Sunday 15 May 2022 – Five hours’ sleep was all we got, but that didn’t seem too much of a problem as we got up and headed down for what turned out to be a perfectly decent international hotel breakfast, with a target of meeting Said at 9am.
The itinerary for the day involved heading right up to the north-west of Jordan, some 120km and a 2-hour drive. Many useful things happened during that time: a rapid education into a more detailed understanding of the highly variable quality of Jordanian road surfaces (made more so by the apparently random insertion by The Powers That Be of some pretty aggressive speed bumps); the driving philosophy among the locals, which appears to rely heavily on the “Insh’Allah” school of self-preservation; and small repayment on my sleep debt.
The bits of Jordan we saw revealed a country with charming and hospitable natives, exceedingly crappy road surfaces, a complete disregard for the rules of the road and a pervasive roadside rubbish problem consisting mainly of plastic bags littering the verges. (I realise that we in the UK haven’t got much grounds for moral superiority here, but it was noticeable.). The speed bump thing appears to be a test of concentration for the driver, as the bumps are sometimes mild and sometimes aggressive, placed without any connection to reality and surrounded by some pretty impressive potholes at times. The net effect, when combined with the locals’ attitude to speed limits, road positioning and courtesy, is to make everyone cram the anchors on a few yards before each speed bump and then accelerate off as fast as possible once having established that tyres and suspension are still OK. It doesn’t do much for fuel economy or passenger comfort but it stops life on the road being dull. And it didn’t detract in any way from our enjoyment on the day, because, Insh’Allah, we weren’t involved in any accidents.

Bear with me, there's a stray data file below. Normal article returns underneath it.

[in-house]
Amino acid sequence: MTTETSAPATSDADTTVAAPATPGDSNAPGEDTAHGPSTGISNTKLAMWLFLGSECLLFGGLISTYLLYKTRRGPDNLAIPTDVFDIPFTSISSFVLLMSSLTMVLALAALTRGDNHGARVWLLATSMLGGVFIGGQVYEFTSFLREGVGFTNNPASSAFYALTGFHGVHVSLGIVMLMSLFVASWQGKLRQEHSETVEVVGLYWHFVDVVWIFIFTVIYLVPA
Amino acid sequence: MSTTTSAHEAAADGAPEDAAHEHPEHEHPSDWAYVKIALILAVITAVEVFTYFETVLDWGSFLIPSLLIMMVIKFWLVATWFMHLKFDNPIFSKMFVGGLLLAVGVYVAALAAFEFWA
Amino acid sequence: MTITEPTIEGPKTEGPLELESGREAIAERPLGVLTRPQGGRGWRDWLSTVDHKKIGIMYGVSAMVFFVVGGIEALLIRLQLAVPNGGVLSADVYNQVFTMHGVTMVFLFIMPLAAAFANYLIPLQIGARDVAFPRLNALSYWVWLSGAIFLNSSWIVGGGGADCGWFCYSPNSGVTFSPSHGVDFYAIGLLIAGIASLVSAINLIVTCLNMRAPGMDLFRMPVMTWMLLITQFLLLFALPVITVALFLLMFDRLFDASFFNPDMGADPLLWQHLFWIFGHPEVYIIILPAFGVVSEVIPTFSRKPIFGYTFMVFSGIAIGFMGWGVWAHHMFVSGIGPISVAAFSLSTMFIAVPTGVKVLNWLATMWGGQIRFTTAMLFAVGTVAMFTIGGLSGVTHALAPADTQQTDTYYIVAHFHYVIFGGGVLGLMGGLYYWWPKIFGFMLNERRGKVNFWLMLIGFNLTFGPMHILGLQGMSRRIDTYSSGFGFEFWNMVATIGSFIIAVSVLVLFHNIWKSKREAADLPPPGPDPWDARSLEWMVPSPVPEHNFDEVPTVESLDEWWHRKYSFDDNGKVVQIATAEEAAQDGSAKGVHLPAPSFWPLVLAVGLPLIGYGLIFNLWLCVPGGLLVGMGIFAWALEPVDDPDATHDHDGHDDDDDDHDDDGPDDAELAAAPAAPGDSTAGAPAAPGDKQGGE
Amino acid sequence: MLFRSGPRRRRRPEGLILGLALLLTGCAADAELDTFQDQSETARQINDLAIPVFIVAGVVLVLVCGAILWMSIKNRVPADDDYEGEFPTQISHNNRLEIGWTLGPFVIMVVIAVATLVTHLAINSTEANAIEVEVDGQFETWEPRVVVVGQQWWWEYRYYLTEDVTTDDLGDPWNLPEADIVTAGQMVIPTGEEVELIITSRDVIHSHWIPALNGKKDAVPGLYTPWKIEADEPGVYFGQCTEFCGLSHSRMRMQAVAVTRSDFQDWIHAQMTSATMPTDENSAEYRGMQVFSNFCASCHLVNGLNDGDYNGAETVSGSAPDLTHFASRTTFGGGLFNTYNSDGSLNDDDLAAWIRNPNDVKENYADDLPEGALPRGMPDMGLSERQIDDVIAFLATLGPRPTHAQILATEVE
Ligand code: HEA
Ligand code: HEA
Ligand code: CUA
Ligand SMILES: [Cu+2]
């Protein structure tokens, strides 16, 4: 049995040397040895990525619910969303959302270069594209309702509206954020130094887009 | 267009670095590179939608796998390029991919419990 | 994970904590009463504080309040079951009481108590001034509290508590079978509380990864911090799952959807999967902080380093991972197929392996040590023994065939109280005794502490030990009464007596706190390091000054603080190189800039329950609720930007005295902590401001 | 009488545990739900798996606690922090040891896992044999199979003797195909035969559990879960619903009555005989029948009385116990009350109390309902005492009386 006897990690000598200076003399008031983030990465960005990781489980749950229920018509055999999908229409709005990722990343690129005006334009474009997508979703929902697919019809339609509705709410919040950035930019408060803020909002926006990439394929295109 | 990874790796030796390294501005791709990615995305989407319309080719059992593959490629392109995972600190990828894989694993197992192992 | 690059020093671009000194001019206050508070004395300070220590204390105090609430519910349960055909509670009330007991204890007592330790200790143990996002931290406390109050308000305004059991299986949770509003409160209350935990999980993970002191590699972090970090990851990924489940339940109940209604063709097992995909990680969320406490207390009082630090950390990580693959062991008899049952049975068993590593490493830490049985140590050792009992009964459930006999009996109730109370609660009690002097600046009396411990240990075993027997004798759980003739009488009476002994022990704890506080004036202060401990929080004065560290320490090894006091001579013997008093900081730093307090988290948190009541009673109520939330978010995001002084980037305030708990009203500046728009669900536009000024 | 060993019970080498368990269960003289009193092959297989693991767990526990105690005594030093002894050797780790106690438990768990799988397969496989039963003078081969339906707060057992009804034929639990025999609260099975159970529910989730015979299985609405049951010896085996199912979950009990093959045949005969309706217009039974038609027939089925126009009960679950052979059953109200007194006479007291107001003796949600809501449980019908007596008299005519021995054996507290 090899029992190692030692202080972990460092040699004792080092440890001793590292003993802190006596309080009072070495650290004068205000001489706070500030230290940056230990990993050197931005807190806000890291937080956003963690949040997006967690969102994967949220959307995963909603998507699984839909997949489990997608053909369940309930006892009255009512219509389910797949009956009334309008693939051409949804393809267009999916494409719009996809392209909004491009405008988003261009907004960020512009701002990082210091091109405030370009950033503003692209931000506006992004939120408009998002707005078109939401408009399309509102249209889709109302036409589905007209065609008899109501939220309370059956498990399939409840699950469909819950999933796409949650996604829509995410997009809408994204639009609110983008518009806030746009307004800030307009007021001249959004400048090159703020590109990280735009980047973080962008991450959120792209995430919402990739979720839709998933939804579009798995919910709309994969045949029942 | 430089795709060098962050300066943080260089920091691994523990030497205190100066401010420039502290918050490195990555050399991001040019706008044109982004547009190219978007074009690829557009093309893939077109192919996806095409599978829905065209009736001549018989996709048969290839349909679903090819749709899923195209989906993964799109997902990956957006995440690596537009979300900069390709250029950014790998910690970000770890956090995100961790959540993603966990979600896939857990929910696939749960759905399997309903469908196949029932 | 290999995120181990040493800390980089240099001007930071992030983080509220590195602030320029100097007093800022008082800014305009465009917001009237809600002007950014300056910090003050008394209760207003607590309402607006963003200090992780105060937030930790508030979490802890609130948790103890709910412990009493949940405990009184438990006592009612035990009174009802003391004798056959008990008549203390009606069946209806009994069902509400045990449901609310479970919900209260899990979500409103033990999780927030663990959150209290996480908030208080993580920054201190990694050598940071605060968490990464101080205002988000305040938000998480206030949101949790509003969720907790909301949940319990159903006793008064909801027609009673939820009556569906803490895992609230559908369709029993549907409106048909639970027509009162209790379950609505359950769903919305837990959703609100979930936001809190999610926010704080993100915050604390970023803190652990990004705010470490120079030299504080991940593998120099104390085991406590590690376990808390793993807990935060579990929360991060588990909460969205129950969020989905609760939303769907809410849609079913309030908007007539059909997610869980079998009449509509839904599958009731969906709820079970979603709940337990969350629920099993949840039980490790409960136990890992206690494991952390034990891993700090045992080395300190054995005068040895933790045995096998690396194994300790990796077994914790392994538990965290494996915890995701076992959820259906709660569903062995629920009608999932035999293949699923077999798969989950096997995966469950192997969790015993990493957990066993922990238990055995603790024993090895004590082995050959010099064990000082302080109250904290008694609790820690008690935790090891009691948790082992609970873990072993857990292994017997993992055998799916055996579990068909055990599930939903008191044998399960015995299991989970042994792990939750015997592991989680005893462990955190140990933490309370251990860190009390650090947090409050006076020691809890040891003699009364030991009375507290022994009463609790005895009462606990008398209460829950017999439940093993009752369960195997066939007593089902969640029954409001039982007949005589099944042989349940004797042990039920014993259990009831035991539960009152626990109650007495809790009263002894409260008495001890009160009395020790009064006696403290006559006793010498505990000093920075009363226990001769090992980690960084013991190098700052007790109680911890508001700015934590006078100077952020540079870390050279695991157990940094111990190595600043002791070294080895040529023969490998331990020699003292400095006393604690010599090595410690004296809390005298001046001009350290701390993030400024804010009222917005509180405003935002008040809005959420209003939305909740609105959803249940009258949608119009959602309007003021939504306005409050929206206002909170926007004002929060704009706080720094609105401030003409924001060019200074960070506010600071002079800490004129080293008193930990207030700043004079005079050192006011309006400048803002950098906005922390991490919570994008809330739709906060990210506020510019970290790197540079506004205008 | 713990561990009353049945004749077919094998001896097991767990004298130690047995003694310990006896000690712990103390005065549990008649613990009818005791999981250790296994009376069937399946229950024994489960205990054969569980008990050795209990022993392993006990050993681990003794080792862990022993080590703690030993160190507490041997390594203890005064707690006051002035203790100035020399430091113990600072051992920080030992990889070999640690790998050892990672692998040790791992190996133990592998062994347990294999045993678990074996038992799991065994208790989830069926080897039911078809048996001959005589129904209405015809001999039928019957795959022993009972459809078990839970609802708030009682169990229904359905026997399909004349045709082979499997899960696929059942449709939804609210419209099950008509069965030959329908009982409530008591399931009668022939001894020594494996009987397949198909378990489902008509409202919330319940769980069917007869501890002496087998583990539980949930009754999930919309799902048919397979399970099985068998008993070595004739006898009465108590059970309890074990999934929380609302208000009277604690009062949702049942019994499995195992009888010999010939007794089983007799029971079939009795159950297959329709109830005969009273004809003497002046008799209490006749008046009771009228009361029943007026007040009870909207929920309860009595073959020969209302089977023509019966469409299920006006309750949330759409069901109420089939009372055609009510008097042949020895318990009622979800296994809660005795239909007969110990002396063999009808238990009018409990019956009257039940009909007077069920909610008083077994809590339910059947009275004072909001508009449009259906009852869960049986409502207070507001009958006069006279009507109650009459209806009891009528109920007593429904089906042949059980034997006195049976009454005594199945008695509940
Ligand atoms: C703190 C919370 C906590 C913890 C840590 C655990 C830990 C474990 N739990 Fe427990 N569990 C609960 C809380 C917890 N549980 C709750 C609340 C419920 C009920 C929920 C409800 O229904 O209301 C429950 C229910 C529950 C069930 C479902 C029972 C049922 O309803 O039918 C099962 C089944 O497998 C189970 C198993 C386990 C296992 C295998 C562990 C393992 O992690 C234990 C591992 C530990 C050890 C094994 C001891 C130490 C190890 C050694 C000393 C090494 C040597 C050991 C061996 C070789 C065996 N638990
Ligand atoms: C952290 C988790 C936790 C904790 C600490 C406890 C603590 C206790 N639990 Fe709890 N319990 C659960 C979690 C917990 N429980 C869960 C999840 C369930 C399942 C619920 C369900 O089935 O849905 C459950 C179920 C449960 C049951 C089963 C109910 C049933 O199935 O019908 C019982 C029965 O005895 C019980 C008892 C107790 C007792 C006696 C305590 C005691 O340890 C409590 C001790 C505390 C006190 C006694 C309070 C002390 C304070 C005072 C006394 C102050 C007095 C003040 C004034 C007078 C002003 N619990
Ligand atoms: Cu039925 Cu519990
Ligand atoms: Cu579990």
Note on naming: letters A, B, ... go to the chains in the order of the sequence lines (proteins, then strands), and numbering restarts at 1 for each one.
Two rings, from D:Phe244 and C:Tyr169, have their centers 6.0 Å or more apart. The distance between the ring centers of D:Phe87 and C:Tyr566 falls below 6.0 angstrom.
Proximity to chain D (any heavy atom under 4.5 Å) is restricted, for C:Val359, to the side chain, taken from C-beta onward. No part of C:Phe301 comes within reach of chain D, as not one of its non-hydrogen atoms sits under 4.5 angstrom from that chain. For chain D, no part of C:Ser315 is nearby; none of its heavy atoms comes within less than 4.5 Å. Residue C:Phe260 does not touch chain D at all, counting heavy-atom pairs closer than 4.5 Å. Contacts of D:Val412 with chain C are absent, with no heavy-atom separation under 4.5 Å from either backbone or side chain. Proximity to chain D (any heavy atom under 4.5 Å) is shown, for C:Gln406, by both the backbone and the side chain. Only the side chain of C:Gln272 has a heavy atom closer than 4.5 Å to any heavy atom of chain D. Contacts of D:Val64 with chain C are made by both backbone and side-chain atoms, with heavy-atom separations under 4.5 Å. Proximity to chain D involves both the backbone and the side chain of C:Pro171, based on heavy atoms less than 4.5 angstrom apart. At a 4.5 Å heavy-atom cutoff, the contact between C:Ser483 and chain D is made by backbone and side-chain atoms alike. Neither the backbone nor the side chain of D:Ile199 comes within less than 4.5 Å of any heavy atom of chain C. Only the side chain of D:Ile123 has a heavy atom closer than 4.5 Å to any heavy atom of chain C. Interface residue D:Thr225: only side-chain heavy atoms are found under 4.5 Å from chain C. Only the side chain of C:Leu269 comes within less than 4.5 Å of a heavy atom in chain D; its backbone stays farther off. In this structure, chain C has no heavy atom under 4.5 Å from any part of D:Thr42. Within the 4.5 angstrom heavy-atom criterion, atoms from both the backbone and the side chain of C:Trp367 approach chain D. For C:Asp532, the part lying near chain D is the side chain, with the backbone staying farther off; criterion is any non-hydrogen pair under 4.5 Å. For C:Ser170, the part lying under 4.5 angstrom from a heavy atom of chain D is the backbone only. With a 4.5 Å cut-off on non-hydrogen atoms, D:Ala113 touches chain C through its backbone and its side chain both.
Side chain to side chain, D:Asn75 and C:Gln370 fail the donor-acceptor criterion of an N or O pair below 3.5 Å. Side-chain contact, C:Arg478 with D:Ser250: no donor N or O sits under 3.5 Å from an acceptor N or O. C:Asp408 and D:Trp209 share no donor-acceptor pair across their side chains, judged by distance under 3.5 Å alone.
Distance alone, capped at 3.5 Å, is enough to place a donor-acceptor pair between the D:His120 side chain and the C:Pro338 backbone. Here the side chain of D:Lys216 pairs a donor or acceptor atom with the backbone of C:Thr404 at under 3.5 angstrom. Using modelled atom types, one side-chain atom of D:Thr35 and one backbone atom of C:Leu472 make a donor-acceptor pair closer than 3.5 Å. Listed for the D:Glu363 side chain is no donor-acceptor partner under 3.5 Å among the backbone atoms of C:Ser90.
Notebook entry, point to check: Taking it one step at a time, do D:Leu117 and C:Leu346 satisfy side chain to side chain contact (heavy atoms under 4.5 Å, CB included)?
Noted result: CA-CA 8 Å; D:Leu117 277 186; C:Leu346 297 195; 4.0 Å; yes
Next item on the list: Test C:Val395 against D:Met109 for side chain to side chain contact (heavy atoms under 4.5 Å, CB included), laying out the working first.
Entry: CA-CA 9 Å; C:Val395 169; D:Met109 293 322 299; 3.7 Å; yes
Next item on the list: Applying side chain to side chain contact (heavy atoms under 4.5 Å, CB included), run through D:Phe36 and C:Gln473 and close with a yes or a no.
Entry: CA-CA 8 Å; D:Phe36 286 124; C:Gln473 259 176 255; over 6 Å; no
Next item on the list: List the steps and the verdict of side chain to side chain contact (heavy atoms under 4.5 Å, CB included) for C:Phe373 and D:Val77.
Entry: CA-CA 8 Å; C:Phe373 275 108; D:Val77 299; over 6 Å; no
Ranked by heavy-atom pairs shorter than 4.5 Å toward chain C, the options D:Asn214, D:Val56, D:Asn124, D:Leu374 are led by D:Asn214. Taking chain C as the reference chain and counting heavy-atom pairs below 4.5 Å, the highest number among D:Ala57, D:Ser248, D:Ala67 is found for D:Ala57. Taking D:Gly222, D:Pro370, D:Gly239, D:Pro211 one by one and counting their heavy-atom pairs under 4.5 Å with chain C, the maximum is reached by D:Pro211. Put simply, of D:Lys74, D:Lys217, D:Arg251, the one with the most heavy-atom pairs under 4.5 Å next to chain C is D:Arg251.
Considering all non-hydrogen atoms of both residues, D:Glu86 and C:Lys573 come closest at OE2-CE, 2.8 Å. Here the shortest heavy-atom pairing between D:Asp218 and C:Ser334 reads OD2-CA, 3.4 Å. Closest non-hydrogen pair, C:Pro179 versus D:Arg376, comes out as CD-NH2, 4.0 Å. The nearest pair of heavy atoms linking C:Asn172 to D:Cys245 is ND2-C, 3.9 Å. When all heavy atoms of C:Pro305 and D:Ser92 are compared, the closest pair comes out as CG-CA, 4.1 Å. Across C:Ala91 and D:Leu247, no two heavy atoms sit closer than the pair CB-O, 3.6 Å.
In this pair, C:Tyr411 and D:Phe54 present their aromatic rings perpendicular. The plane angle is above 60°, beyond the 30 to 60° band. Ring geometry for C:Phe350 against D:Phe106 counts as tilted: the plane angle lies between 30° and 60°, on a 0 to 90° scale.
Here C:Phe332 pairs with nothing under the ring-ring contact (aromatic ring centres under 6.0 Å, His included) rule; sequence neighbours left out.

So, a couple of hours after we started out, we arrived at Umm Qais, or, more specifically the proximate ruins of the ancient Gadara. Compared to Jerash, which we visited later, it’s a compact site – no need for a dedicated guide, as Said showed us around and talked about the history as we went. The site’s museum has on display some lovely mosaics
and fine statuary
which have been extracted from the ruins. It also has some wonderful displays of the intricate pottery that the people from the Graeco-Roman period were capable of
as well as some considerable ability to mould massive stone into useful things such as doors.
There are the remains of ancient shopping arcades
a very impressive Roman theatre
and many slabs of remarkably well-preserved carved marble to marvel at.